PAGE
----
Malware sellers want to attract customers with convenience features. Now criminals can remote control malware during their bathroom routine by just using a smartphone and Telegram app.
Advertisments on Russian forums
The images below show a section each of a 1000×5429 advertisment banner posted on lolz.guru (found and reported by 3xp0rtblog). The Russian text praises comfort and convenience while using T-RAT because it can be controlled via smartphone with Telegram app.
Infection chain and persistence
The first known stage of infection is the downloader. It obtains an encrypted file from hxxps://hgfhhdsf.000webhostapp.com/1DJjnw(dot)jpg and saves it to %TEMP%/gfdggfd.jpg.
For decrypting the payload, the downloader applies XOR with the key 0x01. The resulting file is a ZIP archive which it saves to %TEMP%/hrtghgesd.zip. The downloader proceeds to delete %TEMP%/gfdggfd.jpg and extracts the ZIP archive. Sidenote: Both hardcoded names consist of characters whose keys are right besides each other on a QWERTY keyboard, so the threat actor likely just rolled a body part on the keyboard to create them.
The location of the extracted malware is determined as follows:
1) The downloader checks if the current user has administrator rights. If they have, the first part of the path is one of the following (chosen randomly)
If they don’t have administrator rights, the first part of the path is one of the following
2) For the second part of the malware path the downloader generates a random number between 347 and 568203, converts that to a string, then generates the hash either using MD5, SHA1 or SHA256. It uses the hash’s hexadecimal representation as second part of the malware path.
The archive contains the actual T-RAT executable, named sihost.exe, as well as several DLLs that the RAT needs. Some notable libraries are the Telegram.Bot.dll and socks5.dll.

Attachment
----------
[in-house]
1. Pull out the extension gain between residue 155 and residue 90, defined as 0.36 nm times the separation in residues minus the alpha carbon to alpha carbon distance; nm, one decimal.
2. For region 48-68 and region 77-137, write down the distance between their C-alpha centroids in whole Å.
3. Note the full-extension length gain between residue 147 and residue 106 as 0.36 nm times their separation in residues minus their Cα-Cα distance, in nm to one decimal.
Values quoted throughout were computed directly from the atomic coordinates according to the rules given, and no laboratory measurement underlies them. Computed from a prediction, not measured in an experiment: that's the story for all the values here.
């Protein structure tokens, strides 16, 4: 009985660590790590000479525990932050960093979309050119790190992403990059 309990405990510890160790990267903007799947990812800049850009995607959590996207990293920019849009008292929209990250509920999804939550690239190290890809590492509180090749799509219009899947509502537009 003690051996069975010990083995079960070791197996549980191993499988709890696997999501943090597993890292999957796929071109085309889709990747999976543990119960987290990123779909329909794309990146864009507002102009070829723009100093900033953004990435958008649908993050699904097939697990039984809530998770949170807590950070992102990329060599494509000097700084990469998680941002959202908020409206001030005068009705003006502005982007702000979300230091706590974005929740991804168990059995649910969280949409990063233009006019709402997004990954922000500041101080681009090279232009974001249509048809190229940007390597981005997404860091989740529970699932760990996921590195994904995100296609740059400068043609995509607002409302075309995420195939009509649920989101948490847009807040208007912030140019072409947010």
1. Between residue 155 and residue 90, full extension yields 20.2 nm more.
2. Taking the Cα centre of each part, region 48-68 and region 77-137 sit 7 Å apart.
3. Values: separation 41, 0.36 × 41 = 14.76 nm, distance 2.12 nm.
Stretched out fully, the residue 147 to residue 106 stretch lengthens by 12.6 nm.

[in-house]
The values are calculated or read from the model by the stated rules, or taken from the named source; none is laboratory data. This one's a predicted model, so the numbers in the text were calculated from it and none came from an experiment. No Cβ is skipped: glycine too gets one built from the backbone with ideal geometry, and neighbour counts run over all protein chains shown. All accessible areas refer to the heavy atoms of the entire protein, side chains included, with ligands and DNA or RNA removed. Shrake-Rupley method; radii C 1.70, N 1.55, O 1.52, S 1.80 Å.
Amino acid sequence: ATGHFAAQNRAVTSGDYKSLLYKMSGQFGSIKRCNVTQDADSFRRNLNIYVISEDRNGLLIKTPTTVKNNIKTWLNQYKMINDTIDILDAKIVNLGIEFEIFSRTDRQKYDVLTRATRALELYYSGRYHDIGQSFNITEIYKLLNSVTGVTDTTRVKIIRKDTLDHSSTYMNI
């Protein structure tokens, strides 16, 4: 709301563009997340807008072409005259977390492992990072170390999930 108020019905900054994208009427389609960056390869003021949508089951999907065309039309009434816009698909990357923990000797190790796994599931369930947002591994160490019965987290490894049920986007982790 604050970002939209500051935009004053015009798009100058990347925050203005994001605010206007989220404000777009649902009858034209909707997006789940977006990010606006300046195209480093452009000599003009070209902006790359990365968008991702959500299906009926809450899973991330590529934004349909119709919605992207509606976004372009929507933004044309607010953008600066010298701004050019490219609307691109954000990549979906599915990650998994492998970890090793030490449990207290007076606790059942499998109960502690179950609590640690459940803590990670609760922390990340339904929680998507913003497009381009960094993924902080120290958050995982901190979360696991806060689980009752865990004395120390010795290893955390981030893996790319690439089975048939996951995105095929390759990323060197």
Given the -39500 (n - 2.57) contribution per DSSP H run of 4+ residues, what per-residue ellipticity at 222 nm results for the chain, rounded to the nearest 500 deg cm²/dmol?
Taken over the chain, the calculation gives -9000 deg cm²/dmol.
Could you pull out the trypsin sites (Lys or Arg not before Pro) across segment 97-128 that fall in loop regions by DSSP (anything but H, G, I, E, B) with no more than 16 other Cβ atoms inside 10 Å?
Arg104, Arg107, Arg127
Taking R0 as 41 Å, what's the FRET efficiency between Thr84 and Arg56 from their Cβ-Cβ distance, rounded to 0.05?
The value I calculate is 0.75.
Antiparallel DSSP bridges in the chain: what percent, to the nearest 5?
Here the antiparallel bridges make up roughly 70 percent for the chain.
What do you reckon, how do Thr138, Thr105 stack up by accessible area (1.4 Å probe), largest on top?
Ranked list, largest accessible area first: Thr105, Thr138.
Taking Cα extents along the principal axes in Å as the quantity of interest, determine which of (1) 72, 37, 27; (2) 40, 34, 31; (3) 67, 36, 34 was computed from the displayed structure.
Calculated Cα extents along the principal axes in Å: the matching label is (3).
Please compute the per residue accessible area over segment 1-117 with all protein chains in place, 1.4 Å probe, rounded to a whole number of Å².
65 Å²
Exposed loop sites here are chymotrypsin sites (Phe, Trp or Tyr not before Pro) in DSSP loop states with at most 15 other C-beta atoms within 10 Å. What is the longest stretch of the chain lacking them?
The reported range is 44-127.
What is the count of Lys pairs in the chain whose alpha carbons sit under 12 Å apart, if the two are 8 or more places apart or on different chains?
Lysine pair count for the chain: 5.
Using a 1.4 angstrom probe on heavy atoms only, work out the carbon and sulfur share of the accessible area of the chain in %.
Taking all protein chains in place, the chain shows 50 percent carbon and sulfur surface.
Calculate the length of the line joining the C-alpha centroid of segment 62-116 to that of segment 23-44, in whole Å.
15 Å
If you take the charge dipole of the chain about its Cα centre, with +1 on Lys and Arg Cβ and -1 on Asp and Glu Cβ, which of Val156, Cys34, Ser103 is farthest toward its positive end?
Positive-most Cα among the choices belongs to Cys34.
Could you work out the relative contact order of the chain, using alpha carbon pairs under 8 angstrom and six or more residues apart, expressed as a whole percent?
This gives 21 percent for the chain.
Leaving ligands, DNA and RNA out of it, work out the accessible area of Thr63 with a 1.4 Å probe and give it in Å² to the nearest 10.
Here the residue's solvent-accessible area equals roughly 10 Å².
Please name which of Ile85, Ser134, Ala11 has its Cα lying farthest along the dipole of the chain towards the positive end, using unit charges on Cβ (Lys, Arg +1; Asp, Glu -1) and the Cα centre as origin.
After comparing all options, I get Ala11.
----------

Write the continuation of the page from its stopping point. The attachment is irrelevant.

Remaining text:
A subfolder named service contains six more files (hashes are in the IoC listing):
|conv.exe||High Performance MPEG 1.0/2.0/2.5 Audio Player|
|ultravnc.ini||UltraVNC configuration file|
|vnchooks.dll||UltraVNC – VNCHooks DLL|
|winserv1.exe||VNC Server 32 bit|
|winserv2.exe||VNC Server 64 bit|
The downloader persists sihost.exe by scheduling a daily task. The name for the task is the processor ID of the system. If the current user has admin rights, it will set the run level to HIGHEST. Afterwards the downloader deletes itself with the help of a Batch file.
Packer and obfuscator
The original T-RAT sample as well as the downloader are .NET assemblies and packed the same way. The packed part is embedded as base64 string in the overlay of the file. Beginning and end of the strings are marked by the sequence „ghjghjbnv“. The packer stub searches the sequence to find the packed image, decodes the base64 string and dynamically loads the resulting .NET assembly.
The unpacked .NET assemblies are obfuscated with a variant of ConfuserEx. Some Russian strings are visible but most of the referenced strings are base64 encoded.
After deobfuscating the assembly with NoFuserEx, the base64 encoded strings remain. I wrote a small Python script to do the rest (see Appendix A). It replaces the IL code for calls to FromBase64String with NOPs and replaces the base64 strings with their decoded counterparts. Since the decoded strings are shorter, the remainder is filled with U+200B which is the zero width space Unicode character. (Sidenote: this is a rather lazy solution which does not create a perfectly working executable but is good enough for continuing static analysis.)
The most time-intensive part of deobfuscation for this assembly cannot be automated. The symbol names for methods and classes were eradicated by the obfuscator. So while analysing the code of T-RAT, I added my own names along the way. The code base is comparably on the large side with 98 different commands to control the T-RAT client.
The attacker controls T-RAT via Telegram using text based commands and command buttons provided by the RAT. The commands are in English, the help messages mostly Russian. One section of the advertisment banner demonstrates the controls and how they look like on the phone (see picture below).